Dining

Eat, Mix and Mingo

Eccentric and irreverent, Mingo Kitchen & Lounge is a delightful round peg in Art Square

Max’s menu picks

  • Edamame, $5.
  • Seared Brussels sprouts, $7.
  • Notorious P.I.G., $9.
  • Spicy honey-glazed mahi mahi, $18.
  • Free-range chicken, $16.

The Arts District, a slowly expanding ’hood just south of Downtown, fools us into believing we are in Los Angeles, except in summer, when the searing desert heat tells a different story. A Bohemian vibe pervades these quiet streets, which are dotted with art galleries and modest storefronts that look like covers from record albums you probably wouldn’t buy at a garage sale.

Now Mingo Kitchen & Lounge has opened at Art Square, a new collection of venues anchored by Artifice bar, just across the way from the long-established Arts Factory. Mingo Collaso, a Las Vegas native who also has the Mexican restaurant Mundo in the Design Center, is young, eccentric and hip—three of the adjectives I’d also use to describe his interesting new dining spot.

The restaurant is in a rear location, just behind an art gallery called RTZ. Mingo’s is sort of an art gallery unto itself, what with the clear plastic chairs, white plastic tables, black sofas, black napkins and a forest of teardrop-shaped crystals strung overhead. The gray tile floor looks almost subdued in this context. Votive candles line a white room divider.

The last time I dined here, hip-hop music emanated from an unmanned DJ booth, but the soundtrack, too, is eclectic. At the bar, which opens to the walkway you’ll take to find the place and where there’s an iPhone charger at every bar seat, a couple sipped on a pair of Mingo’s tongue-in-cheek signature cocktails: the Boner, featuring ViaGuara guarana vodka, and the All Night Stand, a tequila-based drink. I tried a simpler libation called Pink Lips (Plymouth gin, Aperol and grapefruit juice). How I wish I was 25 again, which is about the average age of this clientele.

But anyone is apt to enjoy the cooking of chef Robert Solano, who manned the burners at La Madonna and Mundo before creating the small, but impactful menu here. Solano loves big flavors. He smears horseradish cream onto his steak salad, and puts a sneaky-spicy and sweet glaze onto his mahi mahi entrée, which is just about the best treatment of the fish I’ve tasted outside Hawaii.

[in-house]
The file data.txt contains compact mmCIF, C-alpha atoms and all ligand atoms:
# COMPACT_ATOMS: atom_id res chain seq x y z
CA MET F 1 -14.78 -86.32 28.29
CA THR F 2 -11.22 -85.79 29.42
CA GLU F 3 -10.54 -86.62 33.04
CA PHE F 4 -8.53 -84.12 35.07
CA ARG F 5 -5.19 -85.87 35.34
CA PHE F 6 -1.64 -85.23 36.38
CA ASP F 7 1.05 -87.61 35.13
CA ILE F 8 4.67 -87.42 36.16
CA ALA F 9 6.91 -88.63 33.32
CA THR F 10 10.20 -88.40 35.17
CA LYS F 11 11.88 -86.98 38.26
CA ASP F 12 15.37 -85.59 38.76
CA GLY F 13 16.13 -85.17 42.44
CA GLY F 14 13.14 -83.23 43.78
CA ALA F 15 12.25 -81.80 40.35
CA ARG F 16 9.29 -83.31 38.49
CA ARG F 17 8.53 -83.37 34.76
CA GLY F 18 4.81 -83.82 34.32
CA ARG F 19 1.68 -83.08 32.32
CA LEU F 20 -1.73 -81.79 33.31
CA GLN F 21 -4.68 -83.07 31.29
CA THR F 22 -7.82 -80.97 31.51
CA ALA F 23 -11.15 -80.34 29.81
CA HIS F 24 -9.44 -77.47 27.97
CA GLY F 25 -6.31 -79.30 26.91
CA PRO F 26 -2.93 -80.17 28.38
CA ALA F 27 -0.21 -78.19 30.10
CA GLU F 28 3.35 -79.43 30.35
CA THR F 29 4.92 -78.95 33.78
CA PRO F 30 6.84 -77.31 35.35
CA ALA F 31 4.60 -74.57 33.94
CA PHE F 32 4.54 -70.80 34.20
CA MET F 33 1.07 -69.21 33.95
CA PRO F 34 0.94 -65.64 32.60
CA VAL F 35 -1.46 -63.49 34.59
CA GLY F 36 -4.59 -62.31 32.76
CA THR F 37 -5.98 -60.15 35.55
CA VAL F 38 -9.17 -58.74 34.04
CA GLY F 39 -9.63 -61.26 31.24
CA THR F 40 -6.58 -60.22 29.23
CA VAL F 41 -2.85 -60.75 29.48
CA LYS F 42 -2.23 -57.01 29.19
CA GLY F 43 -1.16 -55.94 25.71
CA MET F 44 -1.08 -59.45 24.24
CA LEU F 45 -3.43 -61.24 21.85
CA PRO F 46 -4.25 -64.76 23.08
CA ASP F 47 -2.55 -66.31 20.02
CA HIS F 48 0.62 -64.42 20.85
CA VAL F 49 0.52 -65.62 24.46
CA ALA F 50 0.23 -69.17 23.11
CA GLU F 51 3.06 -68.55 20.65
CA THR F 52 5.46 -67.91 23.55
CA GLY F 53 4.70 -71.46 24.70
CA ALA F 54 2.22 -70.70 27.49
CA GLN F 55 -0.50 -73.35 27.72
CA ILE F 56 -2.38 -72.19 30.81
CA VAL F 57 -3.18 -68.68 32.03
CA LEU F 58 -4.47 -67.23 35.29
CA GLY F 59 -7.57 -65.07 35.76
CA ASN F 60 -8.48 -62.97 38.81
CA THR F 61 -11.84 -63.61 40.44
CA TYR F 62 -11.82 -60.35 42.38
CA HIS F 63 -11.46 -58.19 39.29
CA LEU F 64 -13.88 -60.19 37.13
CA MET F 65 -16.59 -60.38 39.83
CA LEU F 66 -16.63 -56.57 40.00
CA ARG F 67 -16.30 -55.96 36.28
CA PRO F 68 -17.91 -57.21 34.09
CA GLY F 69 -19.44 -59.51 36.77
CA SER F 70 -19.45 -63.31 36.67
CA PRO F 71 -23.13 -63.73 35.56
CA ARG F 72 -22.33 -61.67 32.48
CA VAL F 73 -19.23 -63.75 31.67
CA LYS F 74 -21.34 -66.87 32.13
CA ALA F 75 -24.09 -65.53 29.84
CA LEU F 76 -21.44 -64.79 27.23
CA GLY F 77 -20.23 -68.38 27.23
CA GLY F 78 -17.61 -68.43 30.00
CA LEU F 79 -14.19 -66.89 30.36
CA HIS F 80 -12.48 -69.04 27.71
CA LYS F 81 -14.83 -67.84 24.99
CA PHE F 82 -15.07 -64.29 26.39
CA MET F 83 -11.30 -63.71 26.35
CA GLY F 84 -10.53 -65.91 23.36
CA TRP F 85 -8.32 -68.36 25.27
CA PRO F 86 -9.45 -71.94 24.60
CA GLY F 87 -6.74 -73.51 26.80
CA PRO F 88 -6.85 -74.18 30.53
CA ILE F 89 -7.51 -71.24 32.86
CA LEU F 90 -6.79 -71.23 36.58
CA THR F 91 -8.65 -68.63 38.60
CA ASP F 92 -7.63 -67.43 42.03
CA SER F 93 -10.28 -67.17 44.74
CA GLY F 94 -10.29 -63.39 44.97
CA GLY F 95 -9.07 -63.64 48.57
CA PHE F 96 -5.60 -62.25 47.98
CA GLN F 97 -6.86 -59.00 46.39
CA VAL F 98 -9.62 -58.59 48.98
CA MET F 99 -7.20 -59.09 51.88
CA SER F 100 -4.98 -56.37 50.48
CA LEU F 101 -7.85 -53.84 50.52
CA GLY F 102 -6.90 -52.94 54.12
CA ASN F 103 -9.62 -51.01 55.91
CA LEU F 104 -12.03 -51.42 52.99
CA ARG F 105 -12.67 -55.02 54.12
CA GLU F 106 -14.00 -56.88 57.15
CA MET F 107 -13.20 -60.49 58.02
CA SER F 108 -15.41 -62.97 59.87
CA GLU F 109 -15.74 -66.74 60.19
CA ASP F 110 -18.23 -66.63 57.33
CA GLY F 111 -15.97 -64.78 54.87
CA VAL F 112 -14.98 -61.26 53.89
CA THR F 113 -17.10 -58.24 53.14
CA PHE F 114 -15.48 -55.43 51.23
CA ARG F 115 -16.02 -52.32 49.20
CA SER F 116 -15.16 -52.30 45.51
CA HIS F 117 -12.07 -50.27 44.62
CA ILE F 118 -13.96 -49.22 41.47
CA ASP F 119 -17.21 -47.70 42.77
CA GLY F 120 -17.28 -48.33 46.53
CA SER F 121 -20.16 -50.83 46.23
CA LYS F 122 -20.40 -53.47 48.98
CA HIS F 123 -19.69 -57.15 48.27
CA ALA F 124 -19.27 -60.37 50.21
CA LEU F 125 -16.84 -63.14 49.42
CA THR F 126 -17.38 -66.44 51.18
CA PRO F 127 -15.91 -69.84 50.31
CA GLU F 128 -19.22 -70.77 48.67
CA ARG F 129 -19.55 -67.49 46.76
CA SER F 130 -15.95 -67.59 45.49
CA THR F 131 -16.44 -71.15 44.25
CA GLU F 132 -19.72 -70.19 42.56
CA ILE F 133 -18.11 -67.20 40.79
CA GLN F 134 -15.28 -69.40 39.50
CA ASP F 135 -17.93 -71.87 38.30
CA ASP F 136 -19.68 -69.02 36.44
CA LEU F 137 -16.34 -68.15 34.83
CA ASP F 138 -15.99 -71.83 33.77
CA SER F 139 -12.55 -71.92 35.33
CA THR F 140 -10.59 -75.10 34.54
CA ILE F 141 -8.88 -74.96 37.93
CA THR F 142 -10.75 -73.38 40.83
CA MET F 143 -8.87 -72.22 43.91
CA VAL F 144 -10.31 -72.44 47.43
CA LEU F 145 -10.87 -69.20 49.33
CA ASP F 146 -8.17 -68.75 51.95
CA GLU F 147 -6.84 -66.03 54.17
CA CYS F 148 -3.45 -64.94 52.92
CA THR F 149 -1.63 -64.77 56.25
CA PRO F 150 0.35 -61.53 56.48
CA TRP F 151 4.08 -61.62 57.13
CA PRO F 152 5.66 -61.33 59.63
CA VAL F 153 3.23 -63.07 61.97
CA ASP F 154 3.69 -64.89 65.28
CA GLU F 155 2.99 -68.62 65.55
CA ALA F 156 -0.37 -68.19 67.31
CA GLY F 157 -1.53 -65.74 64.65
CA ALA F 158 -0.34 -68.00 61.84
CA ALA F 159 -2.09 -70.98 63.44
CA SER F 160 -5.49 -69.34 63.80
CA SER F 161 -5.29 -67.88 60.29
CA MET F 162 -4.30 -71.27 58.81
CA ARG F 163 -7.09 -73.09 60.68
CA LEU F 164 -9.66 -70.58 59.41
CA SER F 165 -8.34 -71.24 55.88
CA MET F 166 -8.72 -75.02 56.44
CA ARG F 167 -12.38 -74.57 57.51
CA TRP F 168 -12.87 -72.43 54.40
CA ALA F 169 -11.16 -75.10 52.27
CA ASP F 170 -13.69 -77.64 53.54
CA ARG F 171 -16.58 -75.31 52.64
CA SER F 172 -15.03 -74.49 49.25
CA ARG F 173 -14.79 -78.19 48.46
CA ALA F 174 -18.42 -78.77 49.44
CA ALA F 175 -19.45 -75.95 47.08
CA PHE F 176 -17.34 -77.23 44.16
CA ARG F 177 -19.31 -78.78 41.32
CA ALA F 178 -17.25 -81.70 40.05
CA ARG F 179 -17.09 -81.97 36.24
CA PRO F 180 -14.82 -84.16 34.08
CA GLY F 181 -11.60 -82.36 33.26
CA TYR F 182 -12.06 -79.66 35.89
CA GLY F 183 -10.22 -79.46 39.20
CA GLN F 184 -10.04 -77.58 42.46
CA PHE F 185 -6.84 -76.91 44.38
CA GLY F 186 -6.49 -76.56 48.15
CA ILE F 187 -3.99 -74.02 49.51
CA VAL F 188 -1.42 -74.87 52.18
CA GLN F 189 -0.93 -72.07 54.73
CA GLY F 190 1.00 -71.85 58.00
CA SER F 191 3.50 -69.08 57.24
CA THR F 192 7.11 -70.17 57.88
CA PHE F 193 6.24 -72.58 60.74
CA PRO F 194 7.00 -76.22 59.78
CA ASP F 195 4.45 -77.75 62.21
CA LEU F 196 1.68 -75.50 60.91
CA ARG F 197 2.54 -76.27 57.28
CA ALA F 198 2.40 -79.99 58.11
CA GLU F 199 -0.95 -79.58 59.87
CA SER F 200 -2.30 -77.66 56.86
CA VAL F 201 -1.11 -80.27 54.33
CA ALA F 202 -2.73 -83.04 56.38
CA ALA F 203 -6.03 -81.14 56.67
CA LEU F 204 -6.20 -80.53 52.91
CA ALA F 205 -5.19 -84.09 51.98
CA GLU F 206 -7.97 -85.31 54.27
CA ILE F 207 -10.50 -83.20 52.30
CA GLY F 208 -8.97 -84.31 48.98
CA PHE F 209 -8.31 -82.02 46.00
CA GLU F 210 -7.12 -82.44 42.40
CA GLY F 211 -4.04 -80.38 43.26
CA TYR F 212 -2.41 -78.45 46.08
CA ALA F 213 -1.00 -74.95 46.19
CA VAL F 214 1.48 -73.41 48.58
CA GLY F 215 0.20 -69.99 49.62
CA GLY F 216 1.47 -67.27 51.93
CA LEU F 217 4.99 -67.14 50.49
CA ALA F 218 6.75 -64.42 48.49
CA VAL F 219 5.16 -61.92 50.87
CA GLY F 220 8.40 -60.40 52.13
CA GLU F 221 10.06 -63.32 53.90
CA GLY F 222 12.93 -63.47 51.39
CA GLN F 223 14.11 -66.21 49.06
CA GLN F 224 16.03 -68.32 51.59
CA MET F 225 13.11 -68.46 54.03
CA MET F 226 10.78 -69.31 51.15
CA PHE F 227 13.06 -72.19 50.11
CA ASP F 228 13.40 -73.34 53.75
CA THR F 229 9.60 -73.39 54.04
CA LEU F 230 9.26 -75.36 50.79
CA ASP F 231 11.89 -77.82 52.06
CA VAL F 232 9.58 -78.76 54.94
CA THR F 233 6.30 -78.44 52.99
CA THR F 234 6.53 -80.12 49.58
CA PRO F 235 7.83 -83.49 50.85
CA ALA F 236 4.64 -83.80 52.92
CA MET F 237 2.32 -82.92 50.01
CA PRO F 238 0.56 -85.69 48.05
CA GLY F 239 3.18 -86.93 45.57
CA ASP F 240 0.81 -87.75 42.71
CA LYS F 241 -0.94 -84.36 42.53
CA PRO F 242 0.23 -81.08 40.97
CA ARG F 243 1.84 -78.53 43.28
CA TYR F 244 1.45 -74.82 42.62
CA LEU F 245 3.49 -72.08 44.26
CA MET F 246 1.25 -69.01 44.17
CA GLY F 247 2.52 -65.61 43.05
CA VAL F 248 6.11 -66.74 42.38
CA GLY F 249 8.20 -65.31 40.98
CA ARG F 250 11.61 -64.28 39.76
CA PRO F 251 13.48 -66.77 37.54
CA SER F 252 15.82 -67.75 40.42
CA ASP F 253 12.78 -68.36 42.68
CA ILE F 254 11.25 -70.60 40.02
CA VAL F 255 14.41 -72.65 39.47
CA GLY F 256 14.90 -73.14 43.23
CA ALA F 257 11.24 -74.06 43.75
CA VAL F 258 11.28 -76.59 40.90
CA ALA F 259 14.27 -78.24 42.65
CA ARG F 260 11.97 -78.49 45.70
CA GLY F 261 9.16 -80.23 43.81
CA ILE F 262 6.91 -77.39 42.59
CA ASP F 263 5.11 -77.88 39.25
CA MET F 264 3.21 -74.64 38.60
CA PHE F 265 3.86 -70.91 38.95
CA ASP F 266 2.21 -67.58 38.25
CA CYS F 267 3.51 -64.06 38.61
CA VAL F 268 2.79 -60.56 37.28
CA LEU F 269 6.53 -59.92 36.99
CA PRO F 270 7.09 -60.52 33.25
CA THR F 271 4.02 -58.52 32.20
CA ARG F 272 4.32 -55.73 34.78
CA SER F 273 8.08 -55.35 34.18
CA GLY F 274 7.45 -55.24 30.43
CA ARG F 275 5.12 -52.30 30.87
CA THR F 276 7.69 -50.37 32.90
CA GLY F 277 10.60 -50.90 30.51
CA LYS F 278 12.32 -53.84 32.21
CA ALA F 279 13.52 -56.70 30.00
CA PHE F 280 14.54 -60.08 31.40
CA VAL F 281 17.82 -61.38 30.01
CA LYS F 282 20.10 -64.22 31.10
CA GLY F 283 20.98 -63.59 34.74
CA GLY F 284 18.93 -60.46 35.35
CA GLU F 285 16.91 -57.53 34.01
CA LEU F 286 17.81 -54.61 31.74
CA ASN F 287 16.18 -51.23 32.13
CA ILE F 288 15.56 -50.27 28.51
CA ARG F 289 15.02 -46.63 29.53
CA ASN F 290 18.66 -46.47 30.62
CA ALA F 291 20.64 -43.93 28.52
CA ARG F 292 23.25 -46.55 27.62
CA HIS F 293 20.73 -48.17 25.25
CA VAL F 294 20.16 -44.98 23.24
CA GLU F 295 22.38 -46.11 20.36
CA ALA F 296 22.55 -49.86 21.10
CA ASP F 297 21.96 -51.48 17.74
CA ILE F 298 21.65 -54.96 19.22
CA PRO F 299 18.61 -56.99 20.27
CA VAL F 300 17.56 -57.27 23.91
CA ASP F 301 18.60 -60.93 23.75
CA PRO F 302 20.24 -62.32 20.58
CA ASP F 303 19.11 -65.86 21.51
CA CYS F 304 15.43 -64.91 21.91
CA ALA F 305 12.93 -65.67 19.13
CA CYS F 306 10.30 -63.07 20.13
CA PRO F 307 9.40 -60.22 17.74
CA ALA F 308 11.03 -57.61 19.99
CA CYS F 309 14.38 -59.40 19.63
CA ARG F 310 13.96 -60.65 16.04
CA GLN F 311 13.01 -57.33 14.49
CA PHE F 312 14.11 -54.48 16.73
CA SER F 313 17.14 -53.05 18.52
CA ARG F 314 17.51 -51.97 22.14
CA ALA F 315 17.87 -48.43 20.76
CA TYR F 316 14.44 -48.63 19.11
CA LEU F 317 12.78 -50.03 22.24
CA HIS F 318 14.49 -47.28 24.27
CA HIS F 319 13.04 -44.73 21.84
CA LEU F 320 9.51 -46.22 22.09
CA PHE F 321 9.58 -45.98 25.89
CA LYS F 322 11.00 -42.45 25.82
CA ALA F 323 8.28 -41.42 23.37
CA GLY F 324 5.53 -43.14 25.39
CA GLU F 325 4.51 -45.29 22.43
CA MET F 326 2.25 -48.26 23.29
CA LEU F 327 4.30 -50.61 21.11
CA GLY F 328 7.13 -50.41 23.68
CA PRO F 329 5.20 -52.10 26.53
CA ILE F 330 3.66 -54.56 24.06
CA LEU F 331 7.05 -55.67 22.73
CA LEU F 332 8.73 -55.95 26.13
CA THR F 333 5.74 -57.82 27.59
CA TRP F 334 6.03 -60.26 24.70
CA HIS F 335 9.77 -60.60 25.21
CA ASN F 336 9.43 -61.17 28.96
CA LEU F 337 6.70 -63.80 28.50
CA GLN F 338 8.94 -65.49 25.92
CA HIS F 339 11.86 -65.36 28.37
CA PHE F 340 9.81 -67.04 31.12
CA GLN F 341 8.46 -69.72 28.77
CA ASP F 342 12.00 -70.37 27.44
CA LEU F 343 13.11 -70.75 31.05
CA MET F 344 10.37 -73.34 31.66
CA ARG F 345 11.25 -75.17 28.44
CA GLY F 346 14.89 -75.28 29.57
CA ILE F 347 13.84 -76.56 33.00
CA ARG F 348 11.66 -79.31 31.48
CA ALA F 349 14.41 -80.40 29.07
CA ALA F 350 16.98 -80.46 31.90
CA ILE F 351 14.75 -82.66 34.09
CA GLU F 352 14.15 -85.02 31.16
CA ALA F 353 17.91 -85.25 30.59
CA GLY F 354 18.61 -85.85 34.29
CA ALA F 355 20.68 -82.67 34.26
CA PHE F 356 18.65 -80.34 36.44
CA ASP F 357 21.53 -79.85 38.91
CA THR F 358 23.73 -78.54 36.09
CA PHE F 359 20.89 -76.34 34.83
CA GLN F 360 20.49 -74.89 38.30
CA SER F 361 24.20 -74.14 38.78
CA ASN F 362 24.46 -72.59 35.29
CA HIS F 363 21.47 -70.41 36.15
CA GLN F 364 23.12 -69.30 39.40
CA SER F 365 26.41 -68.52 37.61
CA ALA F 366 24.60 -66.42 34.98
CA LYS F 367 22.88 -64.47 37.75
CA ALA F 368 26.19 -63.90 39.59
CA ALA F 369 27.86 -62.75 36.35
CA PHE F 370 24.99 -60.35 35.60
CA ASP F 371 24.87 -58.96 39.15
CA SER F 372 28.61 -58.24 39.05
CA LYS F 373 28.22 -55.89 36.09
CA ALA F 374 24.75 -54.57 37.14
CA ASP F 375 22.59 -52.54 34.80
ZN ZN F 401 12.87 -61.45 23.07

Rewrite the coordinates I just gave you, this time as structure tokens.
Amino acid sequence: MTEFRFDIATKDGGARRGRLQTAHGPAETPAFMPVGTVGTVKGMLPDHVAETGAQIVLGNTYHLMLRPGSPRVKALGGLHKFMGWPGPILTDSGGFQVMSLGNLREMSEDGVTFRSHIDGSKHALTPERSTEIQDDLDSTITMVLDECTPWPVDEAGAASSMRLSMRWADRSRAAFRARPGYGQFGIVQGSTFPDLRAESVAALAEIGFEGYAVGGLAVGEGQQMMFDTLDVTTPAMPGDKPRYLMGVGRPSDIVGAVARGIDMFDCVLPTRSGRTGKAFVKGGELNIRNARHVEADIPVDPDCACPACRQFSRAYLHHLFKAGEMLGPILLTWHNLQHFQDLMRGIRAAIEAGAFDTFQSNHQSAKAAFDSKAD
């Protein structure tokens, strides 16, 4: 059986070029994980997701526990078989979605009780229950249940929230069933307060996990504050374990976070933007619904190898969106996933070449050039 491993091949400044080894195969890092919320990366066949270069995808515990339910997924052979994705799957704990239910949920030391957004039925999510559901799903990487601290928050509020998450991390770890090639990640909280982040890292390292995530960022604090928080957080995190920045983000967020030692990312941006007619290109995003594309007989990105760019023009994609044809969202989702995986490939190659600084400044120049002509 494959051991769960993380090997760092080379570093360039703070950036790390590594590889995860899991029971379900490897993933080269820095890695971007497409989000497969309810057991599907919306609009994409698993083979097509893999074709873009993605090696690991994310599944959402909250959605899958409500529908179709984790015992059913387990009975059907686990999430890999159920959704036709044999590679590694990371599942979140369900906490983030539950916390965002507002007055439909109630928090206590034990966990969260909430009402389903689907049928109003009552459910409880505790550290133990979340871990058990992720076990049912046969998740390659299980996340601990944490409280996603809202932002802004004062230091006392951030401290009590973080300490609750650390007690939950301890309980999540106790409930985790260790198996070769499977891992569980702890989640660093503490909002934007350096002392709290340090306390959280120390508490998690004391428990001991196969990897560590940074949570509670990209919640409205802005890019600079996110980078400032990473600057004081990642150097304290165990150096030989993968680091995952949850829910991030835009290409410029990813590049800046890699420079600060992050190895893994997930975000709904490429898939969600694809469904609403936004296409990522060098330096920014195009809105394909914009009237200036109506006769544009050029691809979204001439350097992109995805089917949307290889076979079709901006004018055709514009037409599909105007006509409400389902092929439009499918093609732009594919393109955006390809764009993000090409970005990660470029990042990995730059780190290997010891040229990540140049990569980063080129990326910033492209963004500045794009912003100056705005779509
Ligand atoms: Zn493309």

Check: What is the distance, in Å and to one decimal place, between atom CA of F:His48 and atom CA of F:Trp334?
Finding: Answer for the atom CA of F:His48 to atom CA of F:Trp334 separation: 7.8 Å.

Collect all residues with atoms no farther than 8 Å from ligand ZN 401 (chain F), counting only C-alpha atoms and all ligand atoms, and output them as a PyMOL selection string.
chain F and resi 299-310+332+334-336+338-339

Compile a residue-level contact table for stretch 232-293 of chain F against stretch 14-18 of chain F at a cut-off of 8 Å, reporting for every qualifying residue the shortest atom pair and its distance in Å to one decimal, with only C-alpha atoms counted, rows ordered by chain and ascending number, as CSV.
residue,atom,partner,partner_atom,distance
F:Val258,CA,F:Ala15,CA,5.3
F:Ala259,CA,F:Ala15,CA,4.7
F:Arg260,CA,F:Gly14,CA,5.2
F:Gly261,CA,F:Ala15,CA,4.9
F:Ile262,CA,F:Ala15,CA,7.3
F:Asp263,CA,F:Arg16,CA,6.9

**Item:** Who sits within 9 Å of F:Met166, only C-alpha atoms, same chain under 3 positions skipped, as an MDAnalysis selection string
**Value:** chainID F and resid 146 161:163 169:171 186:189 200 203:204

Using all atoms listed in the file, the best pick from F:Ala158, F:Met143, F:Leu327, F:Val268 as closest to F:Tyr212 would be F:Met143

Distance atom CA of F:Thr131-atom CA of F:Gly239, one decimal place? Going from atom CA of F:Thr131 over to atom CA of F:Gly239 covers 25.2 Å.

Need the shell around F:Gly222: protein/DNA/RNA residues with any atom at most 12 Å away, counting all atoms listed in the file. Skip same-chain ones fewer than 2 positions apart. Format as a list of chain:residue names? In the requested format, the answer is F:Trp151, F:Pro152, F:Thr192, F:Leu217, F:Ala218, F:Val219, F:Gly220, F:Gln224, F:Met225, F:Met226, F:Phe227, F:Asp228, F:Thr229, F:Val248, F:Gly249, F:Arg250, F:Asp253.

Even Small Bites have big flavors. Most places that serve edamame—the steamed green soybeans you find at any sushi bar—are content to add a touch of salt. Solano is doing an original take on this standby, adding garlic, sesame seeds, ponzu, red chili and fresh lime. I had two orders the first time I ate here, three the second.

Seared Brussels sprouts are another winner. The chef cooks them in brown butter, candied pecans, golden raisins and balsamic vinegar, until the edges blacken and they take on an almost caramelized sheen. I confess to being slightly let down by the spicy fried wings. They’re perfectly acceptable, but in this context, ordinary Buffalo wings seem, well, ordinary, despite the Maytag blue cheese dipping sauce.

But do make room for Notorious P.I.G., a terrific bacon-wrapped hot dog with pickled jalapeños topped with horseradish mac ’n’ cheese. What’s that, you don’t care for horseradish? Try the three-cheese baked mac with chipotle drizzle instead. It’s as rich as the law allows.

There are only three true entrées here: that spicy honey-glazed mahi mahi, a rib-eye steak with caramelized cippolini onion (which I didn’t taste) and roast free-range chicken with chimichurri, which is crisp, juicy and bursting with the very essence of bird.

There are no desserts, per se, although Mingo keeps some French macarons in the cupboard for those with a sweet tooth. The menu tells us to Facebook, Tweet and Instagram all pics to @EatMixMingo. I’ll think about it.

Mingo Kitchen & Lounge

1017 First St., Suite 180, 685-0328. Open 11 a.m.-10 p.m. Mon-Thu, 11 a.m.-midnight Fri, 11 a.m.-midnight Sat. Dinner for two, $37-$68.

More from Dining…

Follow Max Jacobson via RSS.

blog comments powered by Disqus